• The Group’s investment portfolio increased by €260 million year on year and is composed of highly rated securities.
  • Net loans and advances increased by €335 million, or 6.9%, during the year and stood at €5.2 billion as at 31 December 2021.
  • The ECLs coverage of the credit impaired assets also improved year on year from 50.0% to 54.1%.
  • Liquidity ratio stands at 444% reflecting the high deposit growth over the year which outpaced the demand for loans. The Group’s net advances to deposits ratio stood at 44.1%.
  • CET 1 ratio increased from 20.9% to 21.9%, and the total capital ratio improved from 24.5% to 25.5% as at end of December 2021.


During 2021, a gross interim dividend was authorised of €0.0264 per share amounting to €15.4 million (net ordinary dividend of €0.0172 per share amounting to €10.0 million) which was paid on 28 January 2022. The Board of Directors does not intend to recommend a final dividend for Financial Year 2021. This is in line with the continuous efforts of the Board to maximise long term shareholder value in the Bank.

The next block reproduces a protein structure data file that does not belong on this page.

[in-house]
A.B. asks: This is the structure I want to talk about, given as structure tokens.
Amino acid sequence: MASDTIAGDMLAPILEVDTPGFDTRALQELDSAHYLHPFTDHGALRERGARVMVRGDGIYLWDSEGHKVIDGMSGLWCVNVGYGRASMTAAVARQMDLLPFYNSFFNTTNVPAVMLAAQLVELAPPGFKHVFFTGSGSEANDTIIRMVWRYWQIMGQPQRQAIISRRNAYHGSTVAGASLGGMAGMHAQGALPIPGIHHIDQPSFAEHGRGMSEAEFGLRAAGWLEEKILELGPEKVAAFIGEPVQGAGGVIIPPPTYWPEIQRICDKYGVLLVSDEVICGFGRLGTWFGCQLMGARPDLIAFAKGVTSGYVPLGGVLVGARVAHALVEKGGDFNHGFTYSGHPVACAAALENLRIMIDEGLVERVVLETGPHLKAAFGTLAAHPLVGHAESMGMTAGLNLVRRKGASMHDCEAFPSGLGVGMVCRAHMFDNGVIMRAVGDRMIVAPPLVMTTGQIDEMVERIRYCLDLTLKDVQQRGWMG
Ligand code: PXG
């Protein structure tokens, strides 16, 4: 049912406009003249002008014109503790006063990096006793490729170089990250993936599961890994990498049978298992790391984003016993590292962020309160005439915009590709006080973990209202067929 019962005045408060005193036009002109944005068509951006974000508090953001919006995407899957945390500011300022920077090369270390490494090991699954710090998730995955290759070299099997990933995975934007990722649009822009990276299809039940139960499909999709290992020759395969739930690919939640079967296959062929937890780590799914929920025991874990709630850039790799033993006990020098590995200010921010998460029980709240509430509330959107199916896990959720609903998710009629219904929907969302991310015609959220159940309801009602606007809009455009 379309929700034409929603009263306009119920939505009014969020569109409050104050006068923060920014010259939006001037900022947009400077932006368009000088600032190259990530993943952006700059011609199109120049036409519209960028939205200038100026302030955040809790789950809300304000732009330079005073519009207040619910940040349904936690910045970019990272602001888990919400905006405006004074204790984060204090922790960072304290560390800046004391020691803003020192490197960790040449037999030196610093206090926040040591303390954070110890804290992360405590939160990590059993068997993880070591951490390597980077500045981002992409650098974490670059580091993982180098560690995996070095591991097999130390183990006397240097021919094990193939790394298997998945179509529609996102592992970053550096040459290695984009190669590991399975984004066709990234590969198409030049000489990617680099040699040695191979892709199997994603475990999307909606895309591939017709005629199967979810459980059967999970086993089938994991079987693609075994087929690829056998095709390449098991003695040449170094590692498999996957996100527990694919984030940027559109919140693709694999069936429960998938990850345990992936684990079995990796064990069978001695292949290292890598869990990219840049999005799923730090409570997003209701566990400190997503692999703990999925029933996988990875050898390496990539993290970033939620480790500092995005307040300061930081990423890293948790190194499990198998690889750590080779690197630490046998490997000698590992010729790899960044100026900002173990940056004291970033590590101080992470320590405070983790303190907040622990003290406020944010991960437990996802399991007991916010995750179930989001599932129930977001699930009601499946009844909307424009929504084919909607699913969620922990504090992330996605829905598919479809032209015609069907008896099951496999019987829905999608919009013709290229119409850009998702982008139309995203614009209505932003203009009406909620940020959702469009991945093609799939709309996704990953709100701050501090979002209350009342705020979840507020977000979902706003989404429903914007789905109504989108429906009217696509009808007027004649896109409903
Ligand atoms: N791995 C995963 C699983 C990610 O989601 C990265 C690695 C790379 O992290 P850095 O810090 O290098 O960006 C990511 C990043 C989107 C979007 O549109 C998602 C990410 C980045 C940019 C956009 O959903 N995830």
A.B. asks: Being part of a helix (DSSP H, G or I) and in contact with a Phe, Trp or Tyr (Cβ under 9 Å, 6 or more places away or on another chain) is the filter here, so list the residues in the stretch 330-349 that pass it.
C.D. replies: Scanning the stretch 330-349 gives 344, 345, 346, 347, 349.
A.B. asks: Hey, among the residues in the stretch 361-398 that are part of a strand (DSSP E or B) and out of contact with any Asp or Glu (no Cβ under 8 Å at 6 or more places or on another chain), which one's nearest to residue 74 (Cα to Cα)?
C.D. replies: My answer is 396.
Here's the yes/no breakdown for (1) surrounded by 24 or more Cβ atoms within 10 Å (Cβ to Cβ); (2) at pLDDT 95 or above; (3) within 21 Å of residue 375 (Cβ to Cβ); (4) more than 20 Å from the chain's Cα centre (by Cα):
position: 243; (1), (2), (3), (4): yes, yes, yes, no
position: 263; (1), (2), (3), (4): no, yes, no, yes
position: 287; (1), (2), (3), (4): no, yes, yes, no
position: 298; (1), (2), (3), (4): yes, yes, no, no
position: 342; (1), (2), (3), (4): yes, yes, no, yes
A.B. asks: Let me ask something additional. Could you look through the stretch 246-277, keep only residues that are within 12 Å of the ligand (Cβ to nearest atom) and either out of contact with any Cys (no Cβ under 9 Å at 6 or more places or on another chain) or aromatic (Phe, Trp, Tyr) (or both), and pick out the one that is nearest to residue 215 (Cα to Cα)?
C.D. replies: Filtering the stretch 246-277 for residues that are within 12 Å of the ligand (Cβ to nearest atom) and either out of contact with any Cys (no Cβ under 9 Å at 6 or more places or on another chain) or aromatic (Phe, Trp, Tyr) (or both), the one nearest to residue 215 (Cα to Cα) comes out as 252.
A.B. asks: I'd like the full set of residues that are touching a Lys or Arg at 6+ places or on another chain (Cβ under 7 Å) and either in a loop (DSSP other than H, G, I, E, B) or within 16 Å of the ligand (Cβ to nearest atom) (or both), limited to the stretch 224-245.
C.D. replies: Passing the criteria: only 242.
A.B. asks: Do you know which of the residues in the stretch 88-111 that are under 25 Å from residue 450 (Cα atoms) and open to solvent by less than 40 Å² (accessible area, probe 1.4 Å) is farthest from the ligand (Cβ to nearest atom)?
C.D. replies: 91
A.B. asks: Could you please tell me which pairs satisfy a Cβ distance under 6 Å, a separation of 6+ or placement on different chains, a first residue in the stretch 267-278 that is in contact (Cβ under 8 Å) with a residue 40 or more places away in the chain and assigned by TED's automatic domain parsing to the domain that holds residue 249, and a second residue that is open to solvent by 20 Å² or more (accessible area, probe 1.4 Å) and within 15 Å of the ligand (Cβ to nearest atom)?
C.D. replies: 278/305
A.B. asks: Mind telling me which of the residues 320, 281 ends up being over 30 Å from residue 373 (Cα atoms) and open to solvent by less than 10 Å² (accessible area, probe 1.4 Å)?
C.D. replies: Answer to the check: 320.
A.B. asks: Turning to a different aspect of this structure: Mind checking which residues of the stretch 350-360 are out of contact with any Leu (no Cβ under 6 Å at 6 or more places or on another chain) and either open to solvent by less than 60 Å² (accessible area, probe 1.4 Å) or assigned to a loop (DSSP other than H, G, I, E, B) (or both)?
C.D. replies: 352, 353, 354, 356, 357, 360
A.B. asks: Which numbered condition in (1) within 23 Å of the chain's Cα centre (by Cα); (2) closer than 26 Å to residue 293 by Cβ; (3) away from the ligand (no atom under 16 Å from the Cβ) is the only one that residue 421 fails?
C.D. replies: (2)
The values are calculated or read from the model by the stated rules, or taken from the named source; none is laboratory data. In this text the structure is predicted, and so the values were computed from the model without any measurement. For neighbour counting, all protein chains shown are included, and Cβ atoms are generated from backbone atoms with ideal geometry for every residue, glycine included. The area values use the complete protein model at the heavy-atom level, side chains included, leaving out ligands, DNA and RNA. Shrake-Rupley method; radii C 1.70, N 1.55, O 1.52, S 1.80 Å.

Deiulemar Update

The Deiulemar claim remains outstanding and continues to be significant. Post year end, a judgement against the Bank was granted by the Tribunal of Torre Annunziata with regards to this case. This outcome does not change the Group’s expectations, based on the opinions of independent legal experts, that the case against the Bank will be found to carry no merit in the higher Court. It thus did not impact the financial results, and the Bank since appealed the judgement. Furthermore, the Bank still considers that it makes commercial sense to seek to resolve this claim at a level not exceeding the potential cost impact. For this reason, the Bank has retained the same settlement offer to the counterparty (the offer was not accepted), without prejudice and with no admission of liability. No further litigation provision was deemed necessary for the year ending 2021.